Covid vaccine – Pfizer jab approved with mass vaccination from next week as UK is first country to give green light

THE UK is the first country in the world to give a Covid vaccine the green light – with mass vaccinations planned from next week.

The jab – which is 95 per cent effective and developed by pharmaceutical giant Pfizer and German firm BioNTech – is safe for use, health regulators say.

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The drug has been backed by independent regulator the Medicines and Healthcare Products Regulatory Agency (MHRA).

The Health Secretary Matt Hancock tweeted earlier this morning: "Help is on its way.

"The MHRA has formally authorised the Pfizer/BioNTech vaccine for Covid-19.

"The NHS stands ready to start vaccinating early next week."


Mr Hancock urged everyone to "double their resolve" in the next few months while the tiered system is in place and waiting for the roll-out of the jab.

He said: "We can see the dawn in the distance but we got to get through 'till morning."

The Prime Minister Boris Johnson hailed tweeted this morning the vaccine would "allow us to reclaim our lives and get the economy moving again".

The news means that millions of Brits will soon receive it – in line with the Government's pledge to get the most vulnerable as soon as possible.

Care home residents, those over 80years old and health and social care staff will be among the first to receive the jab, the Joint Committee on Vaccination and Immunisation (JCVI) confirmed today.

The initial 800,000 doses, covering 400,000 people, will be available from next week after final checks at the manufacturing warehouse in Belgium today.

"Several millions" more will come throughout December, but the bulk of the bulk of the roll-out will take place in the new year.

Professor Chris Whitty, the chief medical officer for England, tweeted: "It will take until spring until the vulnerable population who wish to are fully vaccinated. We can't lower our guard yet."

It comes as:

  • Britain is first country in world to approve a jab
  • Mass vaccination programme to start from next week
  • 50 hospital set up and waiting to accept the jab
  • Pfizer vaccine offers 95 per cent protection
  • Care home residents and the elderly will be among the first to receive drug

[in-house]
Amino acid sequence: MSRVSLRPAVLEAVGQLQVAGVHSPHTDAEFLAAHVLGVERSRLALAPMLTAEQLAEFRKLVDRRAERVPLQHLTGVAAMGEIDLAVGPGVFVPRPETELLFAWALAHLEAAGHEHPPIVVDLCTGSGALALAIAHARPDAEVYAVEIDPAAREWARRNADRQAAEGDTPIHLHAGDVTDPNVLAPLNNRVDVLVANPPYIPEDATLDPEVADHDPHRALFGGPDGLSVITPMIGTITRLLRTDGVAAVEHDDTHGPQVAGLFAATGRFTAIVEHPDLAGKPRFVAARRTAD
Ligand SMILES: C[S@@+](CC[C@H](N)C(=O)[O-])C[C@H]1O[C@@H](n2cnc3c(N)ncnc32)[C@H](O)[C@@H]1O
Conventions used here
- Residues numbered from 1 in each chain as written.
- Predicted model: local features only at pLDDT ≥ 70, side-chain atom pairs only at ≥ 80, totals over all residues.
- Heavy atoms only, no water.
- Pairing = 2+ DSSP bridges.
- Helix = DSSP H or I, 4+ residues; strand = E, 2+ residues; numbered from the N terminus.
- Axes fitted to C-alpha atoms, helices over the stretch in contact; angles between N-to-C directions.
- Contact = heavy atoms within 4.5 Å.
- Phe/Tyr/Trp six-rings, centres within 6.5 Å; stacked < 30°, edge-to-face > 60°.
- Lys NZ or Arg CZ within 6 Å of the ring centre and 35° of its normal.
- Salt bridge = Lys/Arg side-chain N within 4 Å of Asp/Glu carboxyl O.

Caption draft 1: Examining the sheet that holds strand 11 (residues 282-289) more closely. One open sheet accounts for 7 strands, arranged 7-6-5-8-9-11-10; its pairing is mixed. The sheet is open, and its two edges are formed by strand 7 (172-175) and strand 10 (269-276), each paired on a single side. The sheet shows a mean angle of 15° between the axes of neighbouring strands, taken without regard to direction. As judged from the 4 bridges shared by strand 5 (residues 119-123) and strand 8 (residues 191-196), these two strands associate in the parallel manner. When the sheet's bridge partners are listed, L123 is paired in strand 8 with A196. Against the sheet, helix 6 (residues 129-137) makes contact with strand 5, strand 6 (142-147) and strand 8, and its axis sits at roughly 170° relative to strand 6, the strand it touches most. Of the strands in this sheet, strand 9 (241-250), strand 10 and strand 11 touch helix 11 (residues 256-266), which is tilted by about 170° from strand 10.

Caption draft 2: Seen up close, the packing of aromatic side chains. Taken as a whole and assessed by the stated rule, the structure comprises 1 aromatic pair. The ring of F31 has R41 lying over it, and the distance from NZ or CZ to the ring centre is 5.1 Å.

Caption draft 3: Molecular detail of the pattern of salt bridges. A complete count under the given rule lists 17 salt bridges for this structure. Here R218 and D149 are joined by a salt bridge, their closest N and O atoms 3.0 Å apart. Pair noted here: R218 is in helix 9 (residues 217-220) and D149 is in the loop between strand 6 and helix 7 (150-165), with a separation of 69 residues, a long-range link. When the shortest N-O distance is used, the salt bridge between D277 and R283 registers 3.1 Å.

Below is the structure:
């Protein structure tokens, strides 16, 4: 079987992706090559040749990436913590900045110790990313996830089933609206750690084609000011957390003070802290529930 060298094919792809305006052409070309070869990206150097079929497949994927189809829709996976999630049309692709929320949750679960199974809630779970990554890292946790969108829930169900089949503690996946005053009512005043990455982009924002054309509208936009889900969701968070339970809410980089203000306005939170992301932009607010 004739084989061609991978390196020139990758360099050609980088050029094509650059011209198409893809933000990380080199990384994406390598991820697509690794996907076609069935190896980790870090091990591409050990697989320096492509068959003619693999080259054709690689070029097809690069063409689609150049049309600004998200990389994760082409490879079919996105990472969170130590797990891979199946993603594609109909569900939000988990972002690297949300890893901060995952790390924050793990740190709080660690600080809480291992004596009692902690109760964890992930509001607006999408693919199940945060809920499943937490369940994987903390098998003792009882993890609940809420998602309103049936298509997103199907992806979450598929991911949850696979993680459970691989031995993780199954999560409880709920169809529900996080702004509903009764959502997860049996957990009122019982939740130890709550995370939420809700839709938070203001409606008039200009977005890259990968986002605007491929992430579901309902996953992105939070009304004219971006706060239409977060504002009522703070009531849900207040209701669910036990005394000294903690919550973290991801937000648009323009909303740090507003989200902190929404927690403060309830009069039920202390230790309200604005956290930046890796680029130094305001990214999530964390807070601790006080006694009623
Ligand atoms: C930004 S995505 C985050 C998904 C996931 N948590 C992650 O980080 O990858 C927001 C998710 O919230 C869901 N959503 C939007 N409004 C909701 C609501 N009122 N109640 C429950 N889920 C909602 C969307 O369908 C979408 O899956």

• UK has secured 40 million doses of the Pfizer/BioNTech vaccine, with 10 million due in the UK by the end of the year
  • Around 800,000 doses will be available from next week, with the first shipments arriving as early as today

Just days ago, it was announced that the drug was set to get the green light for use – and medics were told to prepare for approval in early December.

The UK regulator was formally asked by Health Secretary Matt Hancock to check the Pfizer vaccine and approve it.

He said on BBC Radio 4's Today programme this morning: "I'm just absolutely thrilled. The UK is the first country in the world to have a clinically authorised vaccine for Covid-19.

"This will start small and ramp up. The vast majority of vaccines we expect to be in the new year.

"We are expecting a matter of millions of doses for the whole of the UK by the end of this year."

He said also said on BBC Breakfast this morning: "From Easter onwards, things are going to be better and we’re going to have a summer next year that everybody can enjoy."

Confirming that hundreds of thousands of people will get the vaccination from next week, he said the speed at which we go will be determined by how quickly Pfizer can manufacture in Belgium.

"We'll then deploy at the speed that it's manufactured," he said.

"What we do know is that we can get started next week with that first load and then several millions will be coming throughout December."

Who will get the jab first?